The Goat And The Peacock

On the road…again!
Afghanistan to Zambia
Chronicles of a Footloose Forester
By Dick Pellek


The Goat And The Peacock

The tiny island of Pulau Peucang off the western tip of Java was the site of one of only two guard stations for Indonesia’s Ujung Kulon National Park, a virtually pristine expanse of lowland wet forest and scattered islands that cover about 120,600 hectares.  It was also the site chosen to build a modest research station to study the ecology of the one-horned Javan rhino and other animals in that uninhabited forest and wetlands ecosystem. Furthermore, Ujung Kulon is the last known place where the Javan tiger was photographed prior to its extinction.  Although getting permission to visit the island and to stay there required written authorization from Ujung Kulon National Park Headquarters, several researchers and even a few well-connected tourists came to stay for periods ranging from a few days to several months.  It was during one of the previous tourist trips that a bizarre story was begun.




An Italian tourist who had visited many months before the arrival of the Footloose Forester brought with him a goat to slaughter; as food for himself and for the handful of game reserve guards who lived and worked there.  For whatever reason, he never got around to killing the goat, so on his departure, he left the goat with the chief guard for later butchering.  In the meantime, the few young children of the families of the guards took a liking to the goat; and the goat responded by showing outward friendliness toward them.  In the end, the chief guard decided to keep the goat as a pet.  But it was the wife of the chief guard who told the Footloose Forester about the goat and, based on her obvious pleasure in the telling, she was probably the person who pleaded with her husband to keep the goat as a pet.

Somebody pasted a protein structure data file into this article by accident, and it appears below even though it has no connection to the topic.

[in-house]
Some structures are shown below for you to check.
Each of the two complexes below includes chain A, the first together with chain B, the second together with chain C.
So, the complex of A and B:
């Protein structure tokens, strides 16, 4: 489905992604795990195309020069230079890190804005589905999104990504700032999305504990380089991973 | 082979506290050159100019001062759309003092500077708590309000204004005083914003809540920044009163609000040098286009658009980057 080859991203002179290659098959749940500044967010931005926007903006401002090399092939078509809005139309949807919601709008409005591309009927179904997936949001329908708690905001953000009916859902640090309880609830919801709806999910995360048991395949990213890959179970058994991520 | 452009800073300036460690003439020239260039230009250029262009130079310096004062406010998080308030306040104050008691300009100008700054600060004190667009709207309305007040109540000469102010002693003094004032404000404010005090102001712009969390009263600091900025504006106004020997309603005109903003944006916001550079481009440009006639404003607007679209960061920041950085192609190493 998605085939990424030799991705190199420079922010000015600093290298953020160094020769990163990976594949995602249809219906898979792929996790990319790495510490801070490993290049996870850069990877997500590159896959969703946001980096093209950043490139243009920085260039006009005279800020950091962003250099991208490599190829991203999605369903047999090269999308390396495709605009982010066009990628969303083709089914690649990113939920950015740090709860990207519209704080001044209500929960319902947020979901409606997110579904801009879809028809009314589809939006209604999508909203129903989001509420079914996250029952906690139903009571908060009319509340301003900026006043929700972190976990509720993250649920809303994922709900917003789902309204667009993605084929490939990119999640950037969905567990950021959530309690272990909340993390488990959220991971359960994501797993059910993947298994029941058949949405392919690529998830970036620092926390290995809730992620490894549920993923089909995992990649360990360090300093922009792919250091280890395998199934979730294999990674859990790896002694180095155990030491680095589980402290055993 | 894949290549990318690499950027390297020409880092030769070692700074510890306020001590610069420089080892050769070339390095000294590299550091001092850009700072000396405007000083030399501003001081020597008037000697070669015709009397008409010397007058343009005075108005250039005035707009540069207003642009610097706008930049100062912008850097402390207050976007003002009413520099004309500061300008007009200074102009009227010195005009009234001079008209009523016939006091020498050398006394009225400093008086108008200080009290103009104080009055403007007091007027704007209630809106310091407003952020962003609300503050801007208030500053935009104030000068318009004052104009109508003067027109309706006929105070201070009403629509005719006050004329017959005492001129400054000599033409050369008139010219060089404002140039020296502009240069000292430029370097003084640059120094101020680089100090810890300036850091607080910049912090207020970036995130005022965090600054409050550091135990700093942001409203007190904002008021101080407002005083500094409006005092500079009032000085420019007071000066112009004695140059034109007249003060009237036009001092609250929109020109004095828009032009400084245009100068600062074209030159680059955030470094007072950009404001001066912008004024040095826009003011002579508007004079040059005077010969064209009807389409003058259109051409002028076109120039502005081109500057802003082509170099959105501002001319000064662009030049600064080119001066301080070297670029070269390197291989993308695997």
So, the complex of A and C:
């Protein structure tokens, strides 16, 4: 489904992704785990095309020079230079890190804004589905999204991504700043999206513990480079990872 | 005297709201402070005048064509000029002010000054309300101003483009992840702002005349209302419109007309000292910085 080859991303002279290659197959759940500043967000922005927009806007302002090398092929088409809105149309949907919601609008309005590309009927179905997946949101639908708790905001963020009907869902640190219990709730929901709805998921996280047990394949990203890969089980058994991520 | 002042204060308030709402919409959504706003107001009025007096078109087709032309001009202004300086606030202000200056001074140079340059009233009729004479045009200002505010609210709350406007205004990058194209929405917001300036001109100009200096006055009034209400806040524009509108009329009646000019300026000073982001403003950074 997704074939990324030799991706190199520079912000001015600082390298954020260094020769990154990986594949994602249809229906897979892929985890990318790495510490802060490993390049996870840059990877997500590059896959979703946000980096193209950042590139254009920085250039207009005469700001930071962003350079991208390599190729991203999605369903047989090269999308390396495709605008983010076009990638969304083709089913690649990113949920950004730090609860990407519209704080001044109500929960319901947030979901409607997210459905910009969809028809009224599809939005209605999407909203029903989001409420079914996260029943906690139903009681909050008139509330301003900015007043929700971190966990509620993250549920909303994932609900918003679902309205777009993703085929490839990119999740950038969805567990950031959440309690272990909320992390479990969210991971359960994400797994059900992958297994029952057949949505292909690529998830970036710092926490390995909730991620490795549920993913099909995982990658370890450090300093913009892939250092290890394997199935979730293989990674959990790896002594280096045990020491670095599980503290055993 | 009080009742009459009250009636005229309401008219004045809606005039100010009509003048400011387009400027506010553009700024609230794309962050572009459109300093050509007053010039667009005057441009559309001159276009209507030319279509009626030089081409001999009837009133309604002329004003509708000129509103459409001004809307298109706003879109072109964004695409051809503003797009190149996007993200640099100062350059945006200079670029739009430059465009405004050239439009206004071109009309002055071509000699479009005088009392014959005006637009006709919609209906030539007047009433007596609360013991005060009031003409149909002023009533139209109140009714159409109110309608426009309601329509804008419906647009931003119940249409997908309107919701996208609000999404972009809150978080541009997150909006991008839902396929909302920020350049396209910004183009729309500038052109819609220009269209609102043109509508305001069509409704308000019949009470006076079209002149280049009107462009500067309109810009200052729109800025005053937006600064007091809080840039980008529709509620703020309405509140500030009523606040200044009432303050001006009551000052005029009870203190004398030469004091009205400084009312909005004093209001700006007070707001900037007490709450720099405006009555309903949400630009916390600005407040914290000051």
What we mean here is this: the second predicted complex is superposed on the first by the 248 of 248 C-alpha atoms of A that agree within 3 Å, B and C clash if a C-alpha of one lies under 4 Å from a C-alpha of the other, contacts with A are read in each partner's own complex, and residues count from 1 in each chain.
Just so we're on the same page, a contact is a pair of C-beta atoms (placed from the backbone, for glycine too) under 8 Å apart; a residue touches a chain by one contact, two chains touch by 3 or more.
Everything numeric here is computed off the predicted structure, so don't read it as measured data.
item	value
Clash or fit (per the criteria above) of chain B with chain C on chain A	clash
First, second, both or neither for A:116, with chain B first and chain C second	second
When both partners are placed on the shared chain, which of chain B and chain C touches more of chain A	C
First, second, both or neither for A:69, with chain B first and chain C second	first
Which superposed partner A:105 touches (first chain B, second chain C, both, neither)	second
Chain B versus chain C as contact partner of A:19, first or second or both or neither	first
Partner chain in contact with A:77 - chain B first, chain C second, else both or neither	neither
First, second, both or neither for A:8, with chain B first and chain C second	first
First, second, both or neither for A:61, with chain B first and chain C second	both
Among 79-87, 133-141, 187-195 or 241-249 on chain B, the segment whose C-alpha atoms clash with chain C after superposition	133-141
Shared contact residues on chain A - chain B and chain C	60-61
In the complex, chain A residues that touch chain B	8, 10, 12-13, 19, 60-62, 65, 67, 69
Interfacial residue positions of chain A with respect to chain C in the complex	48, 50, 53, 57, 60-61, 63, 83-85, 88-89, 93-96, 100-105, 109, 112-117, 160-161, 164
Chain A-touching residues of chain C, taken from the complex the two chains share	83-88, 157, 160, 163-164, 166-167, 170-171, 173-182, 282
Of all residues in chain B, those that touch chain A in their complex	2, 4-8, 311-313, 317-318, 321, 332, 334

By the time the Footloose Forester arrived at Pulau Peucang to conduct his field research phase concerning the soils and vegetation of Ujung Kulon, the goat and his new human friends had established routine patterns of activity. The goat would often be seen in their presence, especially when he was hungry, and he stayed under their shelter when the rain pounded down, which was pretty often.

During the rainiest of months on Java, it rained hard for days at a time.  The Footloose Forester remembers that it once rained for 26 days in the same month.  Even the deer from the forest sought refuge under the flooring of the research station. You knew they had crawled under the floorboards when you heard their antlers scraping the bottom of the rough wooden boards, and you could see them through cracks in the floor. Indonesia had some of the heaviest rainfalls that the Footloose Forester had ever known, and both man and animal were grateful for dry shelter.

But there were dry and sunny days, as well.  At such times, the goat exhibited another routine that caught the attention of the Footloose Forester.  Since the goat was free to roam anywhere he wanted, whenever he wanted, one of his promenades on dry sunny days just before sunset was toward the tree line just beyond the rear steps of the research station where Footloose Forester liked to sit to observe the antics of a family of Javan macaques.  Both the macaques and the goat seemed to prefer the late afternoon before sunset to preen in the waning sun and to visit the open spaces near the tree line.



Javan macaques often sat in waning sunlight to preen and to play

That was also when a peacock would emerge from the forest; mount the raised stump of a fallen tree uprooted in a storm, and call out. At first, the Footloose Forester thought that the peacock was calling to a mate.  But it was the goat that sauntered over to the tree stump and waited.  Then the peacock flared out his beautiful iridescent tail feathers and began a dance as the goat stood there and watched.



Seeing the peacock doing a dance on the tree stump was always a treat

The next time it was dry and sunny near sunset, the peacock again appeared, again mounted the same tree stump, and once again, called out.  And the goat would saunter over and stand there while the peacock flared his tail feathers and began to dance.  After the third time that the Footloose Forester observed the peacock appear from the forest at sunset and mount the tree stump; and after the goat would arrive from his normal hangout near the human families, the Footloose Forester was convinced that the goat and the peacock were friends.  It rained a lot in Ujung Kulon, so the sunset ritual of the dancing peacock and the audience of an attentive goat did not take place often, but it was a privilege to see and remains as one of the fondest memories of that jungle paradise.    



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